Weighing just 1 380 kg, the Carrera GT was Porsche in its purest form. A minimalist design inspired by classic Porsches (like 550 Spyder and 917 racecar) was well received, and to this day still manages to look cutting edge and modern. The similarly minimalist interior featured meticulous detailing, an example being the beech wood gear lever (another nod to the 917). Behind the driver sits a 5,7-litre V10 producing 450 kW of power and 590 N.m of torque. Capable of hitting a top speed of 330 km/h, you need to have your wits about you when piloting the GT. To further enhance the driving experience, the only gearbox available was a six-speed manual. Driver aids like stability control simply weren't available, a decision praised by many motoring journalists at the time. Sadly, the German roadster endured a moment of bad publicity when Hollywood actor Paul Walker and his friend, Roger Rodas, were tragically killed when the Carrera GT they were travelling in collided with a lamp post. Just 1 270 examples were sold, making the V10 GT a rarity. Porsche's next halo supercar, the 918 Spyder, borrowed many design cues from its sensual predecessor.
9. Audi R8
Tested in the December 2007 issue of CAR, the original R8 managed to obtain a road test score of 20/20. While our scoring and voting methods have changed since then, the R8 must have been seriously impressive to garner the illusive "full marks" from the test team. Inspired by the design of the Le Mans Quattro concept car, the first-generation Audi R8 was presented to a stunned audience at the 2006 Paris Motor Show. As seen in the B7 RS4, a rear mid-mounted 4,2-litre FSI V8 sent 309 kW and 430 N.m of torque to all four wheels, with a 70 percent rear wheel bias. Despite the revolutionary styling, the newcomer to the supercar world brought a level of usability never before seen in the segment. With a top speed of 301 km/h and a 0-100 km/h time of 4,67 seconds, you would expect to pay for this kind of performance; when new in 2007, the R8 4,2 V8 was priced at R1 255 000. Not cheap, but when you consider a Gallardo Coupé e-gear would have set you back R2 804 000, the R8 was the bargain of the supercar world. It seemed the CAR team agreed, stating "Right now, we can't think of anything more sensational at the price."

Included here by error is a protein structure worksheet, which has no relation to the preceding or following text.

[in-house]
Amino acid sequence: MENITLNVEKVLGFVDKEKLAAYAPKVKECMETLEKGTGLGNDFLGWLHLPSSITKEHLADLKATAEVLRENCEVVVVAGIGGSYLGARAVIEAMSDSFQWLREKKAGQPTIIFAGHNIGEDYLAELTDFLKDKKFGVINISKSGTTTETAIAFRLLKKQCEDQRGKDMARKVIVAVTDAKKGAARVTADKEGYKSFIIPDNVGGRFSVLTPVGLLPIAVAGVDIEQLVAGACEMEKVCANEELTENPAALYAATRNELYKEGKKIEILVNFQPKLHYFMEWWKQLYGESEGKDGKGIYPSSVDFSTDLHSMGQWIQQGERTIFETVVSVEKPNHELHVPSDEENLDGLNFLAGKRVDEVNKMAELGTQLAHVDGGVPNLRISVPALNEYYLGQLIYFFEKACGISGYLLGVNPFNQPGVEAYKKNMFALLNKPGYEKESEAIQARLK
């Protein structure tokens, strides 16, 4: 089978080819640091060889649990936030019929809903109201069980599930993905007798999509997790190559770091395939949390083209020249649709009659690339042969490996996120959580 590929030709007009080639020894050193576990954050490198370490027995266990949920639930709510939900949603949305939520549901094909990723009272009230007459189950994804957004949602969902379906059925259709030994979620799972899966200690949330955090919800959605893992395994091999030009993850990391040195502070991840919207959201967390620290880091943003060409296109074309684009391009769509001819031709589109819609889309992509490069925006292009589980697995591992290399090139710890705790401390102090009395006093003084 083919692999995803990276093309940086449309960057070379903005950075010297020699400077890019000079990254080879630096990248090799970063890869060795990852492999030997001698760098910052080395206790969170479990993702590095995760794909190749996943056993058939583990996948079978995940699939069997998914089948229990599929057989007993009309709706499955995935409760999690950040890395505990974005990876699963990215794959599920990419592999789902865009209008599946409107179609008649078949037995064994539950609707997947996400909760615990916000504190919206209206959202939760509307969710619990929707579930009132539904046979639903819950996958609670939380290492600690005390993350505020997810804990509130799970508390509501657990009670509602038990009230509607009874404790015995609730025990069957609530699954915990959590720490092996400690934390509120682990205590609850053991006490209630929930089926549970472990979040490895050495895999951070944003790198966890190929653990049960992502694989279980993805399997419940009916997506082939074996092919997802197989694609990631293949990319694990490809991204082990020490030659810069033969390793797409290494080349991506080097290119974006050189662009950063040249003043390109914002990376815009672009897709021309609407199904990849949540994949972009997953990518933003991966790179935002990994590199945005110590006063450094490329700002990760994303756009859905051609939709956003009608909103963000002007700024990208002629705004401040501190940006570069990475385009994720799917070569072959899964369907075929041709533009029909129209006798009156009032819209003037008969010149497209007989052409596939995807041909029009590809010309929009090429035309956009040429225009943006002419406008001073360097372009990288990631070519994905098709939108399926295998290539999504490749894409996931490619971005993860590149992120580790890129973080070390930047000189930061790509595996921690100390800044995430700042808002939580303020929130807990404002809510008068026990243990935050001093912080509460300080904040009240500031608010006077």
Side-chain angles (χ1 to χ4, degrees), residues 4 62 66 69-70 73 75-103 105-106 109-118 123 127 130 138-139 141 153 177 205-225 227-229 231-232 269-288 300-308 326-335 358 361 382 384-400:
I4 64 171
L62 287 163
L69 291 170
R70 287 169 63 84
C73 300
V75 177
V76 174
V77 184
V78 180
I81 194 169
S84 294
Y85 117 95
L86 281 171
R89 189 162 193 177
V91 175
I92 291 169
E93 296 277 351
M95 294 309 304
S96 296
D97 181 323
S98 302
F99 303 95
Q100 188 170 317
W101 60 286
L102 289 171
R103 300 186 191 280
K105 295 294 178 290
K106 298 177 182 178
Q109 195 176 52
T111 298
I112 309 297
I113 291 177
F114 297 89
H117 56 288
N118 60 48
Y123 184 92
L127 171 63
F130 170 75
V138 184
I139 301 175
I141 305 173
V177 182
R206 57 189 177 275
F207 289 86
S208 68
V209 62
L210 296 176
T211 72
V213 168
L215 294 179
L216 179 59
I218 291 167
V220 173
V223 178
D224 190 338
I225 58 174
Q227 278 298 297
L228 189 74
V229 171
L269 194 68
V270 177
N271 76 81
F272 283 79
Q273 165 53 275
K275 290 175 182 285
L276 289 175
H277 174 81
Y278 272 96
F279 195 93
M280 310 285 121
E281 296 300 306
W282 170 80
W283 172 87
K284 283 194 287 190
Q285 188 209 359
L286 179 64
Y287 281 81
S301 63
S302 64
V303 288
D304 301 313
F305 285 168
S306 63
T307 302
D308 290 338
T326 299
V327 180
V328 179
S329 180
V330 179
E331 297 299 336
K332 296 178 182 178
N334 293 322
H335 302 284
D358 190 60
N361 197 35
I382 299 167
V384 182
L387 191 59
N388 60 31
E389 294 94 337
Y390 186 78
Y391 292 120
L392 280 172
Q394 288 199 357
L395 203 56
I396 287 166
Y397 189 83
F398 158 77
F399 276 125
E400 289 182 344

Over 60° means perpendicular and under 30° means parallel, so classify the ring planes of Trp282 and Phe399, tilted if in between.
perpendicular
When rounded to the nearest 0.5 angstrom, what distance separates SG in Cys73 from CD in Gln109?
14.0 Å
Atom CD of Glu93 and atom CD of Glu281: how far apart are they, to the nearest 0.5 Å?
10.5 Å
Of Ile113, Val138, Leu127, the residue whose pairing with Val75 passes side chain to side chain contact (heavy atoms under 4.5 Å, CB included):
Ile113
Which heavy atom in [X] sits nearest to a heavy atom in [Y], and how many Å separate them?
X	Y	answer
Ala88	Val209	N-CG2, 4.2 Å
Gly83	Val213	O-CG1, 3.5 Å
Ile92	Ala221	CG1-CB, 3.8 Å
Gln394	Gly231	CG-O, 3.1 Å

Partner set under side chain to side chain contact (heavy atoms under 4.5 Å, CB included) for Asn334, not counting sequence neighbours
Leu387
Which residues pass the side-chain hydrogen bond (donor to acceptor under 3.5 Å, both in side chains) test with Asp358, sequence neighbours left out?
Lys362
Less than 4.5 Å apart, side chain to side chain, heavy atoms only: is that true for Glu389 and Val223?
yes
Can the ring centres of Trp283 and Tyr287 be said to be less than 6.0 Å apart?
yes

10. Lexus LFA
Like the Audi above, the LFA would be the Japanese luxury brands first foray into supercar territory. In development since 2000, Lexus teased the public with various concept cars, each giving a clue as to what the most powerful Lexus yet would look like. After 10 years in development, the LFA was finally presented to the motoring press at the 2009 Tokyo Motor Show. An incredible 4,8-litre V10 powered the LFA, the mid-mounted powertrain sending 412 kW of power to the rear wheels via a six-speed Aisin-sourced automated manual. A mere 3,7 seconds was all the LFA needed to rocket you to 100 km/h, the V10 howling to an incredible 9 000 r/min limiter. Interestingly, the LFA takes just 0,6 seconds to reach its redline from idle. This is so quick Lexus needed to use a digital tachometer, as an analogue example simply couldn't keep up. Despite the LFA being Lexus' first supercar (and only one so far) the V10 LFA was a showcase of Japanese precision and engineering. Between 2010 and 2012, just 500 examples were produced. Due to their rarity and desirability, examples still exchange ownership for around U$500 000 (around R9 000 000).
Which supercar do you think has attained legendary status? Let us know below in the comments...